Scotland’s ‘Housing Crisis’ – a question of supply?

Scotland needs more new homes.  That is the consensus amongst political parties and stakeholders in Scotland.  It is argued that housing problems such as the affordability of housing, access to social housing and homelessness can, at least partly, be tackled by increasing the supply of housing.

The picture of housing supply

Following the 2008 global financial crisis, new housing completions fell sharply, mainly because of a fall in private sector new builds.  Accessing home-ownership became more problematic, particularly for first-time buyers, because of more restrictive mortgage lending criteria and the need to save for a large deposit (Whitehead and Williams 2011).

The climate of public sector spending restraint has meant that, while new affordable housing completions have remained fairly constant over the last few years, the number of social rented housing units completed (which require higher levels of subsidy) has reduced. Alternative, innovative methods of financing affordable housing are being sought by the Scottish Government so that more homes can be delivered for less public investment.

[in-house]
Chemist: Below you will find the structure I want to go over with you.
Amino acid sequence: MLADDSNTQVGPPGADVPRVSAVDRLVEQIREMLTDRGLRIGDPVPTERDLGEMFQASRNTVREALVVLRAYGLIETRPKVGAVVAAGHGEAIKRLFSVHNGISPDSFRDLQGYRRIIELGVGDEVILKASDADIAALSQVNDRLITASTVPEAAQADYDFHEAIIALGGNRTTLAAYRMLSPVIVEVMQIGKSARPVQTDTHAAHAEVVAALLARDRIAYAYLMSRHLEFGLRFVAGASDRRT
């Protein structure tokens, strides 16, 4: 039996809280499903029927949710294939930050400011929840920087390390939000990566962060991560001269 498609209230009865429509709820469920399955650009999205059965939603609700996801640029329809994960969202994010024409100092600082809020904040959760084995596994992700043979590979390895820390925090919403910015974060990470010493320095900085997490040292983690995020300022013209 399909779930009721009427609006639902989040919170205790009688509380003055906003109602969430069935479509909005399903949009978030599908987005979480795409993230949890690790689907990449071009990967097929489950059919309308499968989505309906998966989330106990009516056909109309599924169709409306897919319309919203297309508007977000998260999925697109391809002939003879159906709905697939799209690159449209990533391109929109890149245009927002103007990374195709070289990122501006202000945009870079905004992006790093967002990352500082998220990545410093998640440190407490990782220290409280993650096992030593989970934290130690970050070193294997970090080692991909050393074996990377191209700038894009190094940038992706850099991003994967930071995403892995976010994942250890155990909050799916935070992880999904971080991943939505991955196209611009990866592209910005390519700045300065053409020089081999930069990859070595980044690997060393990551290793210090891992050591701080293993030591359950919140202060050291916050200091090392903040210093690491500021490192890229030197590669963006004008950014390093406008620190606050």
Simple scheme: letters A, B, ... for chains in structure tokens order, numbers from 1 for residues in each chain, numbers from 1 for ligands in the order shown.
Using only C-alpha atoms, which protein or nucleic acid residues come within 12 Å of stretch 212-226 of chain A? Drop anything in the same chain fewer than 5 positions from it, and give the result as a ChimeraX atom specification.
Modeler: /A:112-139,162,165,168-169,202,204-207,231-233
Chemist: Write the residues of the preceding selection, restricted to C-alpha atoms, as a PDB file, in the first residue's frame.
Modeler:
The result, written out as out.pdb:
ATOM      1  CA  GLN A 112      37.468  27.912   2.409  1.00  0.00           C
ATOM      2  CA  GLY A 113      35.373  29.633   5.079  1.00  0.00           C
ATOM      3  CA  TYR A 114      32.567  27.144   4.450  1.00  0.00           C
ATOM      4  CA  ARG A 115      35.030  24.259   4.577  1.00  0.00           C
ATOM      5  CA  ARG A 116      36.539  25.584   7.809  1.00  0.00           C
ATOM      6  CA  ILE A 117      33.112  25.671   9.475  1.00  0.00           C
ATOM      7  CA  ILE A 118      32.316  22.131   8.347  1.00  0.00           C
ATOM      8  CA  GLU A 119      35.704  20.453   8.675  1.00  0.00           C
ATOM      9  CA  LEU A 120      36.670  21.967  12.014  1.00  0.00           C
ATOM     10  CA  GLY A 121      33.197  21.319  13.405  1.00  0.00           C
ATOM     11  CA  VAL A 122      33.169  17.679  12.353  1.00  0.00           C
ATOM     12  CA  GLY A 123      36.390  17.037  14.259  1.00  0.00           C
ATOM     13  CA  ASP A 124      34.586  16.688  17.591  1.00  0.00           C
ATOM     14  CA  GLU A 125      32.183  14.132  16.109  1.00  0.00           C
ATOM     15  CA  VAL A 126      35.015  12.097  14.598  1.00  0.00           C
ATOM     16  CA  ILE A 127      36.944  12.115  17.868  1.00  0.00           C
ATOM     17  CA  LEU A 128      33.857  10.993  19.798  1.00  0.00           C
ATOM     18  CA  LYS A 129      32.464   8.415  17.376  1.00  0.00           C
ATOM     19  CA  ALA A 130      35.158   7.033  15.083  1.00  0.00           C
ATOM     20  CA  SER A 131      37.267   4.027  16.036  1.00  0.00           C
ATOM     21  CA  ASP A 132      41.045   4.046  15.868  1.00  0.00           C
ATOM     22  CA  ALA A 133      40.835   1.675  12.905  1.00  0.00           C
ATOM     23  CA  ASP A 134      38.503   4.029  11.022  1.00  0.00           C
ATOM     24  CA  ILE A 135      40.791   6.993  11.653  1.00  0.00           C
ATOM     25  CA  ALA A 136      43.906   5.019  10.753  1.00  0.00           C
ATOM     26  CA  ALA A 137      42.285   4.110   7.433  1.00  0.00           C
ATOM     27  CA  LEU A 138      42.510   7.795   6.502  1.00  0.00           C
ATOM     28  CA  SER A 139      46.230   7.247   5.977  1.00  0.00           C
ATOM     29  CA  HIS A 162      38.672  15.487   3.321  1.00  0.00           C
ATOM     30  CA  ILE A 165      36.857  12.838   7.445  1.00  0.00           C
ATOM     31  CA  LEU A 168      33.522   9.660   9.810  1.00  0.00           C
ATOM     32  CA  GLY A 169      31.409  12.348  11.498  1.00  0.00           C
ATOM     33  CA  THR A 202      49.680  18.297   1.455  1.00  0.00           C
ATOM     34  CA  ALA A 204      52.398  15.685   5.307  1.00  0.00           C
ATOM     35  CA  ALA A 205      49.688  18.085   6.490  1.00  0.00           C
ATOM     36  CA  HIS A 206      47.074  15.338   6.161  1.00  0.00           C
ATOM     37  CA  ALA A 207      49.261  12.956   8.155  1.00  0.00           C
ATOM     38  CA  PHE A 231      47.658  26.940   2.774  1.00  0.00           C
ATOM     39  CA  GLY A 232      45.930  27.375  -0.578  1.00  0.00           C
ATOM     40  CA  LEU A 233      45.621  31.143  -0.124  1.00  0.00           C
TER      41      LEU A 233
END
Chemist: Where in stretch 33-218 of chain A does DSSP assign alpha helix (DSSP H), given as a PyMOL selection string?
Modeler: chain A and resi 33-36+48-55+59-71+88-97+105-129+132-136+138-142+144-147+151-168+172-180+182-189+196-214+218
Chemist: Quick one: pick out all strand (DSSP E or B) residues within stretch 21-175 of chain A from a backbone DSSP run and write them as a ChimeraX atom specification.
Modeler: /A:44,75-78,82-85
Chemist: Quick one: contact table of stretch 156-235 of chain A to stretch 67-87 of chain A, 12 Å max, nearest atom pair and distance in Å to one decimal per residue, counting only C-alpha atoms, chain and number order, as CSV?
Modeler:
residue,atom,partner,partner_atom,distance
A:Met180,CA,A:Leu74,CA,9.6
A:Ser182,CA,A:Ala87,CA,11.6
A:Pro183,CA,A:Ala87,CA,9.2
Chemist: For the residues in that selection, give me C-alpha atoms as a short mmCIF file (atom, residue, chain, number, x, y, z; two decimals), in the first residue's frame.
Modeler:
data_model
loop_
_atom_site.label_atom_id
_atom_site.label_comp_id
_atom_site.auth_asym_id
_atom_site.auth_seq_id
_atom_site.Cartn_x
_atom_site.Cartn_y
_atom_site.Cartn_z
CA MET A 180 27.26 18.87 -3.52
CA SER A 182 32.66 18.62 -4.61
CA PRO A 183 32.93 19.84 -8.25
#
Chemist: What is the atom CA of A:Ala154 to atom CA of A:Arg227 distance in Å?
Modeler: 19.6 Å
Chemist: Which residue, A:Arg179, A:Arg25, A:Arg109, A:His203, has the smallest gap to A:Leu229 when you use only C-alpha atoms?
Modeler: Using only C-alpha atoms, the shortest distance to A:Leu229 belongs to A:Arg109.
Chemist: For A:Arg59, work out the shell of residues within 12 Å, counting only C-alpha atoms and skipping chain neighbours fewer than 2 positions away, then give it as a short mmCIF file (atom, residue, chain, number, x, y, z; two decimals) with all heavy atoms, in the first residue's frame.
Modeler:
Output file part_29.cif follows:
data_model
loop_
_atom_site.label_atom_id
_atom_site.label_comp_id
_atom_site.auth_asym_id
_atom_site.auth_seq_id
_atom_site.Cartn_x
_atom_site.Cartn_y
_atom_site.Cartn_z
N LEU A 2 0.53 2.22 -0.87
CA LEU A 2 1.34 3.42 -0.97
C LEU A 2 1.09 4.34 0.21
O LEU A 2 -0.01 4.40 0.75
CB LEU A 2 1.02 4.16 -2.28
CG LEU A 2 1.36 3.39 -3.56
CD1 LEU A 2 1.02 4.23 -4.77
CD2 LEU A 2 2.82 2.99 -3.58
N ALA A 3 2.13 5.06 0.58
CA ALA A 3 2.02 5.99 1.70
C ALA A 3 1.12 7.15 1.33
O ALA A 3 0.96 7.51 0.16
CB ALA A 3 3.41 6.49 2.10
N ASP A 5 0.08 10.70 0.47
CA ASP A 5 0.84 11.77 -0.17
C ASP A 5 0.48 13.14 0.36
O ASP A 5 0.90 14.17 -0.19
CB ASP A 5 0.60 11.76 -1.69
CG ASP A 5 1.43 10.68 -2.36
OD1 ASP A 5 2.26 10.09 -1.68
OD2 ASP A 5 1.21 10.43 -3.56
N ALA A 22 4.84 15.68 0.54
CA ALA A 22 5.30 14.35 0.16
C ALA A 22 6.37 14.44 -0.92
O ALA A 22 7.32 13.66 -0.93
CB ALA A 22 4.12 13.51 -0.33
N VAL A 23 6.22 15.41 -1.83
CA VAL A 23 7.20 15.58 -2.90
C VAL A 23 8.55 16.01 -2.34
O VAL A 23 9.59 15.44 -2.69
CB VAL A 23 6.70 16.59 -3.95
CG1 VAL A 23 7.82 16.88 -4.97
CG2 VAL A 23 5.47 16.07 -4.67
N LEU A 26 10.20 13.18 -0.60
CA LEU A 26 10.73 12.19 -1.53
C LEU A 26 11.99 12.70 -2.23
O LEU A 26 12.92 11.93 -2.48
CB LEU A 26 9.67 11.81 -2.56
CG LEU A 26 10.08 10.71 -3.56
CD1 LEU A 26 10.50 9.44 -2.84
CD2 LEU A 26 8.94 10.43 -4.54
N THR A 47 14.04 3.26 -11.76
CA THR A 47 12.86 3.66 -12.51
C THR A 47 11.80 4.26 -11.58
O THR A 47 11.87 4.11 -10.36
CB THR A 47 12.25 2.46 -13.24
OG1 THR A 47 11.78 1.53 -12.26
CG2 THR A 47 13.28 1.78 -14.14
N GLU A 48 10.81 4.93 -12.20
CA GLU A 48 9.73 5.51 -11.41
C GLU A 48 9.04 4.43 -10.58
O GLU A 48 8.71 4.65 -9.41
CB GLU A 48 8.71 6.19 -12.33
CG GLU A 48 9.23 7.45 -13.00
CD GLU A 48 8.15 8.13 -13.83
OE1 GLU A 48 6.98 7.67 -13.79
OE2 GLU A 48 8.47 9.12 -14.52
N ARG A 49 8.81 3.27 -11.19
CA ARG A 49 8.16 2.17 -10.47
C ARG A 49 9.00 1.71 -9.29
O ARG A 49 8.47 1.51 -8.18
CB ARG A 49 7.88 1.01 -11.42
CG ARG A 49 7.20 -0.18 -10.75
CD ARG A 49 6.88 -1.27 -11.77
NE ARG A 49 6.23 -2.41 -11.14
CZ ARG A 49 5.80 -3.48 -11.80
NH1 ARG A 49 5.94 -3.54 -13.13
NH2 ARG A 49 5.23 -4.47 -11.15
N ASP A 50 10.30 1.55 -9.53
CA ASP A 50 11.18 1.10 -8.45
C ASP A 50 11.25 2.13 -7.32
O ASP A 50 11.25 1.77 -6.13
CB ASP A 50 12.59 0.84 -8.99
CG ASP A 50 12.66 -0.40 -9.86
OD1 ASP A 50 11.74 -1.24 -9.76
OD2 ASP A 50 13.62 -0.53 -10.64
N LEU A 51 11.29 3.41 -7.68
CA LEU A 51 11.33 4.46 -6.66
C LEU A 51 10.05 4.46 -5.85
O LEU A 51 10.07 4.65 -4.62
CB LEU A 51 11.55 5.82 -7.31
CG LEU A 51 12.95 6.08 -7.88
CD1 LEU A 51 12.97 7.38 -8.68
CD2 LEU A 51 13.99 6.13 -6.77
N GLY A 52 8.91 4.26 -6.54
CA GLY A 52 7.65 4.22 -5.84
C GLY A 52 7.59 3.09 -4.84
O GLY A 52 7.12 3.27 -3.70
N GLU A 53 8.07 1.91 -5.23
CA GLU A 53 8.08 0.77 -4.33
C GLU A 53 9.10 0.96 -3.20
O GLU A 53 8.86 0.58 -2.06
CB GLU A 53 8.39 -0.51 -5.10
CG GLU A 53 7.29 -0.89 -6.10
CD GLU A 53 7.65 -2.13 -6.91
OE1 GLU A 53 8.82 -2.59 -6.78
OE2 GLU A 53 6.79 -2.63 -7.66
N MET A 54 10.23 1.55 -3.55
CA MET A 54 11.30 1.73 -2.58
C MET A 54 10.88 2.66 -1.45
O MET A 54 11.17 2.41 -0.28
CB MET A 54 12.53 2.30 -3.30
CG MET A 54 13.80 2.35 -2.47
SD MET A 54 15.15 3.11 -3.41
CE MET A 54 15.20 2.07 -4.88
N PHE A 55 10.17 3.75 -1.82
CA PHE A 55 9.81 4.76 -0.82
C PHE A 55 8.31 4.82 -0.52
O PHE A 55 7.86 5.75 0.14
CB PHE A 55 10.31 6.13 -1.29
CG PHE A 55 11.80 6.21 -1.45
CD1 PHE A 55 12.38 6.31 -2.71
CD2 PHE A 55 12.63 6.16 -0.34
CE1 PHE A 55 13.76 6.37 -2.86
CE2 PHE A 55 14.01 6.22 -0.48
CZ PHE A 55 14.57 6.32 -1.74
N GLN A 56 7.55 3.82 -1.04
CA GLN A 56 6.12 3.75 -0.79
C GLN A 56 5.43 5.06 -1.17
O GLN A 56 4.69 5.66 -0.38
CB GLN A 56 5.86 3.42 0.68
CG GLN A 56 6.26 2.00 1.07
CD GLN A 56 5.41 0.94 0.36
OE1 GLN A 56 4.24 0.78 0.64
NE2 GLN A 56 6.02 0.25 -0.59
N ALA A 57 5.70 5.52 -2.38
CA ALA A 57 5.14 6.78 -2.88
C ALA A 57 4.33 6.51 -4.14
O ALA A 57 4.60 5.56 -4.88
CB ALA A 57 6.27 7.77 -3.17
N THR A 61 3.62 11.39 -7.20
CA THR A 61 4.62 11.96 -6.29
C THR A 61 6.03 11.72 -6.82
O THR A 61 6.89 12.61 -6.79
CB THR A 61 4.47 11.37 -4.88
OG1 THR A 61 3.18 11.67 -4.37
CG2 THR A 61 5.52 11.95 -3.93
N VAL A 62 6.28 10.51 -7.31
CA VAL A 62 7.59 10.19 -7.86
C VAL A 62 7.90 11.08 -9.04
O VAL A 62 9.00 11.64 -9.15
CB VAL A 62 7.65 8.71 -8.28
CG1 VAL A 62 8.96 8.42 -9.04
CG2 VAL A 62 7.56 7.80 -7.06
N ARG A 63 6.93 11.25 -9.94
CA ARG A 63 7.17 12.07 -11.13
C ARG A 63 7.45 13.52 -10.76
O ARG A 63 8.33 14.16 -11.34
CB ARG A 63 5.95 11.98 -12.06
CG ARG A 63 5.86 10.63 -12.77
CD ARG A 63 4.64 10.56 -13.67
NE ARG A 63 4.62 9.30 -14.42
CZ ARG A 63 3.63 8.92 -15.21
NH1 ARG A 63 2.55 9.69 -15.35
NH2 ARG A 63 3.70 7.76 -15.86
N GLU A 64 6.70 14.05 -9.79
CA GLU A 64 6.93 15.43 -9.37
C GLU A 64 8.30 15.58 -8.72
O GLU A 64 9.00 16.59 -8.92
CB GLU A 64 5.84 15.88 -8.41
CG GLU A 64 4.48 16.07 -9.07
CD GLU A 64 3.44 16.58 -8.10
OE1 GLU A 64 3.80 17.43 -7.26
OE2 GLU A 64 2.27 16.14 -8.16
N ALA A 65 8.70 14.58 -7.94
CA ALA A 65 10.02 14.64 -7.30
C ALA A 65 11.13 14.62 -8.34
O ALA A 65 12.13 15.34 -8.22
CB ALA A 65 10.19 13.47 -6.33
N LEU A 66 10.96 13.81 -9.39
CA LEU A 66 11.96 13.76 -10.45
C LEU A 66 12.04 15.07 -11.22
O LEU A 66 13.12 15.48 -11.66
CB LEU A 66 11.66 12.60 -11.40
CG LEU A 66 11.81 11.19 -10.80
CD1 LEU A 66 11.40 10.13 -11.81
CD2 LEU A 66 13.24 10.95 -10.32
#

With the upturn in the economy, and with the support of UK and Scottish Government initiatives, such as the Help to Buy scheme, private housebuilding levels have increased recently. But overall, total new builds still remain almost 40% down on 2007 levels (Figure 13).

New Build Completions 1999-00 to 2014-15


Source: SPICe, based on data from Scottish Government 2016a


The numbers game

Many commentators argue that housing supply in Scotland is not keeping up with housing needs. But exactly how much housing is needed is a difficult question which has no definitive answer.

Local authorities have responsibilities for assessing local housing needs through their Housing Needs and Demand Assessments which are used to help inform local housing strategies and investment priorities. At the Scotland wide level the Scottish Government sets targets for its Affordable Housing Supply Programme but it does not set targets for the wider supply of housing.  A recent report commissioned by the Scottish Federation of Housing Associations, CIH (Scotland) and Shelter Scotland estimated  that over the next five years there is a need for a minimum 18,700 homes per year, of which at least 64% (12,000) should be affordable homes (Powell et al. 2015). Homes for Scotland is calling for the completion of at least 25,000 homes per year over the next Parliamentary Session.  This compares with 16,213 completions in 2014-15.